The Technicolors, Kitten, Pinback and The Neighbourhood Viva PHX's Central Avenue Stage at Cityscape 3/8/14
While it was expected to be one of the most diverse lineups of any stage at Friday night's Viva Phoenix Festival, the CityScape main stage offered up rock performance after rock performance. Local darlings The Technicolors, L.A. showstoppers Kitten, indie mainstays Pinback and the princes of the evening in The Neighbourhood trudged through technical difficulties while each put their spin on a riotous live show.
The average listener would never show up at a Technicolors set and expect the band to be a local act -- the whole group possesses that kind of seasoned bravado that's usually reserved for musicians from the Golden State, but we've got them right in our backyard. They were an appropriate kickoff for the evening with vocalist Brennan Smiley sashaying and shredding his way through the set, evoking a young Julian Casablancas with riff-heavy instrumentation to back it up.
Their keyboardist, a seemingly new addition to the band, stole the show from the other members while having what looked to be a very public exorcism during their last two songs, his glasses flying off numerous times. The warm crowd reception was probably bolstered by the five-to-one male-to-female ratio that was cemented in place until The Neighbourhood's set.
Poor Kitten got the short end of the stick, though they managed to put on the most vivacious performance of the evening as the most definitive a rock band can be in 2014. Due to a patch cable issue, according to Pinback bassist Zach Smith, Kitten hit the stage 30 minutes after their scheduled slot time. Smith jokingly said that the sound crew "[didn't] really know what they were doing here," and that was soon evidenced in spades by equalization issues and vocalist Chloe Chaidez's mic cutting out during Kitten's first song.
All issues were soon quashed and Chaidez and company set to work putting on a show, going from the Cardigans-esque "Chinatown" to a full display of her range on "Cut It Out." Chaidez's antics and outfit alike were dazzling, whether she was shaking it on top of guitarist Waylon Rector's amps or actually performing gymnastics onstage in between crowd-surfing sessions. They only got five songs in, but managed to be a hell of an act to follow.
Pinback played to a completely different demographic and looked to win some new fans in the process. Opening with a massive rendition of Information Received's "True North," even the steadfast teenyboppers couldn't help but to dive into the San Diego three-piece's huge sound and vocal interplay between guitarist Rob Crow and Smith.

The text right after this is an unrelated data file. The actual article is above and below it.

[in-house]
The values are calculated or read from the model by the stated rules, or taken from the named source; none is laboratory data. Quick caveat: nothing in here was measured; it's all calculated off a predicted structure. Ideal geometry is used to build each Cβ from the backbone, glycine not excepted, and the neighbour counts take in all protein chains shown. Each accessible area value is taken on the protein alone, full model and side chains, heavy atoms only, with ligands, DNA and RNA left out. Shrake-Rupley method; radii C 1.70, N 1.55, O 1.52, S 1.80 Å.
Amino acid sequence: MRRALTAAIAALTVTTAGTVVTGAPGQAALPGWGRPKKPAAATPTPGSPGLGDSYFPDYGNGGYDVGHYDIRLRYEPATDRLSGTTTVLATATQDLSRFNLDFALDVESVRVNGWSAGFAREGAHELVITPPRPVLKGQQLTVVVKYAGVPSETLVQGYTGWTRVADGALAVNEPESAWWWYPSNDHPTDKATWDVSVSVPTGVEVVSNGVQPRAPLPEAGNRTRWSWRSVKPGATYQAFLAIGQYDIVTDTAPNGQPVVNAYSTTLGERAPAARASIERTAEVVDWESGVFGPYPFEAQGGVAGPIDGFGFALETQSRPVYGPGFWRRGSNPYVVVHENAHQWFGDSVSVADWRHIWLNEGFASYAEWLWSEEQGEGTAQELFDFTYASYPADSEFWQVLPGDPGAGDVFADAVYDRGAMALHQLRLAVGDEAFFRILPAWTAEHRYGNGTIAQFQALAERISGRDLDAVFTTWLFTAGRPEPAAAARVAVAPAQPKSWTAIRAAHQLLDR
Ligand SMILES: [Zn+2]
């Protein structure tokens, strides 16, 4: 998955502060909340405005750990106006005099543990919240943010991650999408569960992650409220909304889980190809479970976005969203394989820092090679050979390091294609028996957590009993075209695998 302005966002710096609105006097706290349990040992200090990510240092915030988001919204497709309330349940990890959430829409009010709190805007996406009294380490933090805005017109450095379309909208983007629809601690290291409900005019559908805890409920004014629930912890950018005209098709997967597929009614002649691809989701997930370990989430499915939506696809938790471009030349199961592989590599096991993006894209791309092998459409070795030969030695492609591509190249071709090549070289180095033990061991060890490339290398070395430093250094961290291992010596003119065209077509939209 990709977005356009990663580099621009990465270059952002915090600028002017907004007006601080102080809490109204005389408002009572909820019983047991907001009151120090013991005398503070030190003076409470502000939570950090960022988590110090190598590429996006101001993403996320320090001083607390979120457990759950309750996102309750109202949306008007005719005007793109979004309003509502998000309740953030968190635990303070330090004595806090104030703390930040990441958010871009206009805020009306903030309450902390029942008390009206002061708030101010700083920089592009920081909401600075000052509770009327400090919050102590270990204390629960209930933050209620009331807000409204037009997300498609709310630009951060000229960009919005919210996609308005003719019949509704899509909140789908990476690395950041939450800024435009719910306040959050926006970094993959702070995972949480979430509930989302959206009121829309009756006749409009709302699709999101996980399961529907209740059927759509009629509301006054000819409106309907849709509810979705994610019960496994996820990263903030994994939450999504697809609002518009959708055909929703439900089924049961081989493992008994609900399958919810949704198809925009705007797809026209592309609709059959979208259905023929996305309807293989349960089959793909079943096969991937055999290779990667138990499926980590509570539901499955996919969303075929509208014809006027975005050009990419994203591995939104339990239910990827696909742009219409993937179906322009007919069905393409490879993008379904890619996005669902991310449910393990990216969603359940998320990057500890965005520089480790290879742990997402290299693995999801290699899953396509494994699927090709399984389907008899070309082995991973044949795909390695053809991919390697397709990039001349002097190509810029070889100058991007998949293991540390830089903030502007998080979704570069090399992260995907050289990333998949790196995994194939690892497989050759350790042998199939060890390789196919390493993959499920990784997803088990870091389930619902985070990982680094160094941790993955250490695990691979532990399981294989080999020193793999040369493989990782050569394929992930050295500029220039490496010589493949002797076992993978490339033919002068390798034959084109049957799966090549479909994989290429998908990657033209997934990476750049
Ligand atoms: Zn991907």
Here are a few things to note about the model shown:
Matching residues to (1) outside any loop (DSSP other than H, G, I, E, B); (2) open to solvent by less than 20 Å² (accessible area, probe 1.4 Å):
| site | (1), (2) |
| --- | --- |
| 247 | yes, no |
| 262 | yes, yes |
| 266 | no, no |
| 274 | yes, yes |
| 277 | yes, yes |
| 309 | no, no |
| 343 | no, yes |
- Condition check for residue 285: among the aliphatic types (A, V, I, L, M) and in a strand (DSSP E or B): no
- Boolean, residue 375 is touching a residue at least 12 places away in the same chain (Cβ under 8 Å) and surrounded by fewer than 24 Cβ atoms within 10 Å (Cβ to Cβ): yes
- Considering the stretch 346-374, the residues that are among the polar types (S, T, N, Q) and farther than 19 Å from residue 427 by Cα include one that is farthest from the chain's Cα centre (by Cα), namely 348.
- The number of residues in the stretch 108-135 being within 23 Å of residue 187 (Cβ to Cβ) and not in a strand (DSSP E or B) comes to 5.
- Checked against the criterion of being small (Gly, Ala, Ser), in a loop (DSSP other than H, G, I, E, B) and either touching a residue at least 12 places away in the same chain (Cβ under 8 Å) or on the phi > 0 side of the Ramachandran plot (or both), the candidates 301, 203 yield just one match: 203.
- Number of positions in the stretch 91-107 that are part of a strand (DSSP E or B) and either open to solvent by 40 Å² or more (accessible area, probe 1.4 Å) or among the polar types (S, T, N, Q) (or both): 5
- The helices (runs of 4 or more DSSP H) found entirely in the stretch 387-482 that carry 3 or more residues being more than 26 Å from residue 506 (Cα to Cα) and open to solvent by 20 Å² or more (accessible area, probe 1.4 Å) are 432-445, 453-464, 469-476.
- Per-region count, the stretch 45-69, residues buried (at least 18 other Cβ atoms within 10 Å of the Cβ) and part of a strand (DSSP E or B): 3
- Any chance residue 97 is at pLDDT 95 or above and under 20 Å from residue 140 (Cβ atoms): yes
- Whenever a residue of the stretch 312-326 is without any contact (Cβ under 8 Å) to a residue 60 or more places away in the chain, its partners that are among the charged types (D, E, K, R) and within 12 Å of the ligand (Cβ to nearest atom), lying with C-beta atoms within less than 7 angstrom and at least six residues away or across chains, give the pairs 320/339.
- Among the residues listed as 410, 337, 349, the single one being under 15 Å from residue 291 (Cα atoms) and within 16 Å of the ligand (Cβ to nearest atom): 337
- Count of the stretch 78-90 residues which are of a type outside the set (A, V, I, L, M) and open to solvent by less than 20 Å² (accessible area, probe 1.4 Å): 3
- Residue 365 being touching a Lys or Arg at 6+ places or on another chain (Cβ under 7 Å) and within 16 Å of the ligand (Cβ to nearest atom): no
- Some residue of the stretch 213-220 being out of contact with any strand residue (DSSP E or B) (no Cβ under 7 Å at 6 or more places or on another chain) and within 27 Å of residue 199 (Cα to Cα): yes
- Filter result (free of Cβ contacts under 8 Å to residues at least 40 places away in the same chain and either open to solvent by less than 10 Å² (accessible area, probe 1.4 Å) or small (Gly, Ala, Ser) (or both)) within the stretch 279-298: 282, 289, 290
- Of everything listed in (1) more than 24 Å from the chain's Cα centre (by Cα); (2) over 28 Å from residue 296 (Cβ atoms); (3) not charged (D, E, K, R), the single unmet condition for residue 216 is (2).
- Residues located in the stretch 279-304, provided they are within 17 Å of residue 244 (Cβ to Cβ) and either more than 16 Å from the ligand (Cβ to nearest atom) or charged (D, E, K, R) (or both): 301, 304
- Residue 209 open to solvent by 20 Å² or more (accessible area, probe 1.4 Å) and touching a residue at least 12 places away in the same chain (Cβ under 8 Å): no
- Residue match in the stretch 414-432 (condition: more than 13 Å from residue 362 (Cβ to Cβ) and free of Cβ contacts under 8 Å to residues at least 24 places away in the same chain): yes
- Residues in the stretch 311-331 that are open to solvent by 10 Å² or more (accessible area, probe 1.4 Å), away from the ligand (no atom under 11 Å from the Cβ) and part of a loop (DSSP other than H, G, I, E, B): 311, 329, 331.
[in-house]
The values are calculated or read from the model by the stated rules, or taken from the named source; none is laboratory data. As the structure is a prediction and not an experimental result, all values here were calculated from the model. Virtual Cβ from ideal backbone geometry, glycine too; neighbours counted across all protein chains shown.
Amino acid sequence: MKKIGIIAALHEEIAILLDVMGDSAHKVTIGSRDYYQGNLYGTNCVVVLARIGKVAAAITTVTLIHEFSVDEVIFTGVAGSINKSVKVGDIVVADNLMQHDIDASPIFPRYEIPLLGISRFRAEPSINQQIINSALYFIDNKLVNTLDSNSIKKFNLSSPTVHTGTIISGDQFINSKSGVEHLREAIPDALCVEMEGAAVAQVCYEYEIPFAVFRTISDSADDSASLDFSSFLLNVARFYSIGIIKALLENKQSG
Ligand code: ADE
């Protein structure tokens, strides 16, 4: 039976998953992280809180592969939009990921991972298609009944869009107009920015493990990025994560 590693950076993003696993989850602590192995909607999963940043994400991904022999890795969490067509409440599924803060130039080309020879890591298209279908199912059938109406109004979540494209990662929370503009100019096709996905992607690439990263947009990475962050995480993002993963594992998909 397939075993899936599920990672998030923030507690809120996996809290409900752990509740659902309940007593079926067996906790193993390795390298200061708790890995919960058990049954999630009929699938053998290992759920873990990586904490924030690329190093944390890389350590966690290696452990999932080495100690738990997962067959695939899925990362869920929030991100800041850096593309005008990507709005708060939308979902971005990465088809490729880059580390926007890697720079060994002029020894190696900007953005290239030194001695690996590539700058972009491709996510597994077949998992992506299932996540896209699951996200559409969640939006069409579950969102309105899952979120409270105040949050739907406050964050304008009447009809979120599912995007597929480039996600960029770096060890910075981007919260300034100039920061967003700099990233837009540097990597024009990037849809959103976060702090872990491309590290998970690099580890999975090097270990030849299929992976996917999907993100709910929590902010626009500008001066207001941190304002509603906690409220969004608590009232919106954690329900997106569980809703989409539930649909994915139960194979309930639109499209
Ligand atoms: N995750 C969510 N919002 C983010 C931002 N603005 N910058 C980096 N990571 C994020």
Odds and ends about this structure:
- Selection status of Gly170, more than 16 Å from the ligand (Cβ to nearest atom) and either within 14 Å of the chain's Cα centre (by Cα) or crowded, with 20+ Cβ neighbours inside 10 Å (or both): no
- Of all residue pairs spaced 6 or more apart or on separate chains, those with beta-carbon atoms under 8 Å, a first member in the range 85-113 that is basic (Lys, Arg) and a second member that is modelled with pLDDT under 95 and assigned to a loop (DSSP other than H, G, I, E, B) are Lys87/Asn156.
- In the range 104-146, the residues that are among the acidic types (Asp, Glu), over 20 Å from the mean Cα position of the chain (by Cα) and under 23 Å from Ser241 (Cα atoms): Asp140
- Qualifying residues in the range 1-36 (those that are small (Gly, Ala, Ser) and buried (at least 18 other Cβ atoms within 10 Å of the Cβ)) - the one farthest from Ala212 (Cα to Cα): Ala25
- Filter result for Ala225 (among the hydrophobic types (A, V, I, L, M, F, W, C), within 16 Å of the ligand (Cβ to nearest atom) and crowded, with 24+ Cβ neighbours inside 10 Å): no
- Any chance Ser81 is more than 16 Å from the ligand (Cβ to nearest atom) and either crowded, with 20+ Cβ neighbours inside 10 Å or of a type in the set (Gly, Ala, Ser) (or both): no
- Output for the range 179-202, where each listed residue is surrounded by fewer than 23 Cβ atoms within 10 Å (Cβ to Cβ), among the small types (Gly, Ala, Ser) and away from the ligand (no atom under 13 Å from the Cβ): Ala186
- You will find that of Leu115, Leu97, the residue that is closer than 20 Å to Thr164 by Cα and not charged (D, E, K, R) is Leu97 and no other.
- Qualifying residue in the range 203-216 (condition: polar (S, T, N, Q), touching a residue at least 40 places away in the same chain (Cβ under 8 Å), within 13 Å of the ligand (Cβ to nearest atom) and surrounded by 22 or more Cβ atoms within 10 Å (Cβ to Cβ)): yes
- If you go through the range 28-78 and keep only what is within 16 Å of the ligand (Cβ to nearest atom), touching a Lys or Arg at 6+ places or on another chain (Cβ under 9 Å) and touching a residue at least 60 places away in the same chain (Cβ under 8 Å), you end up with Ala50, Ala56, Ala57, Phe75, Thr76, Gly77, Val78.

While there were some low end issues after "Non-Photo Blue," to which Crow made some understandably irritated comments about ("Do you guys want any bass? Do you?"), and the band's projected backdrop being displayed upside-down, Crow delivered a stellar, impassioned version of "Fortress," displaying those vocal chops that belie his appearance. Every audience member over 25 was stoked out of their minds, but a group of teens in the middle of the crowd clapped along to the majority of Pinback's set -- a sight that warmed my heart and gave me hope for the future.
The influx of high school-aged girls after Pinback's set and their subsequent compacting of the crowd was nothing if not indicative of the staying power The Neighbourhood looks to have. It was the definition of a fever pitch when vocalist Jesse Rutherford took the stage, opening with new cut "Silver," to which half the crowd already knew the lyrics to. Rutherford, the focal point of the female attention, still exudes that "aw, shucks" stage presence that one would expect to have worn off by now, but it suits him well. For all their boy band vibes, the band jumped into a hearty breakdown on "W.D.Y.W.F.M." and tossed in a throwback with "Wires," much to the delight of their "hoodlums."
Volume seemed to be an issue throughout the set, oftentimes too loud and lacking midrange, but that didn't stop the new tracks from The Neighbourhood's upcoming Black & White EP or the smash hit charm of "Sweater Weather."
Rutherford is nothing if not great at whipping a crowd into an estrogen-fueled frenzy and did so with closer "Afraid," garnering a bigger response than any other song of the evening. While The Neighbourhood often gets labeled as a pop act, they deliver a set that's worthy of any rock title, even if they're driven by Rutherford's R&B vocals and bassist Mikey Margott's lines rather than just guitars.
With three out of four bands being touring acts and none of them with any control over the sound issues of the evening, the CityScape stage seemed to appease all listeners with acts that kept everyone moving throughout the night. Some soundchecking and EQ foresight might be a timely benefit for next year, but everyone walked away with at least one favorite song having been played and some new respect for bands previously out of their scope -- all who rocked nonetheless.
Personal Bias: Pinback's "Penelope" was one of three songs that changed my world view when I was 15. From the looks of it, that may have happened to a new generation tonight.
The Crowd: Peacocking swag-bros, many, many over-perfumed high school girls, the occasional thirty-something shimmying to Pinback.
Overheard in the Crowd: "Waiting between sets is like foreplay: It's a little exciting, but draw it out too long and I lose interest -- and I've lost it."
What We Learned: Preparation isn't everything in terms of live sound design (though I know, I know, it's difficult to do well outdoors) -- competent help helps too.
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Random Notebook Dump: Blond girl in front of me and I are singing "Sweater Weather" to each other. Should I propose to her? I'm gonna propose to her.
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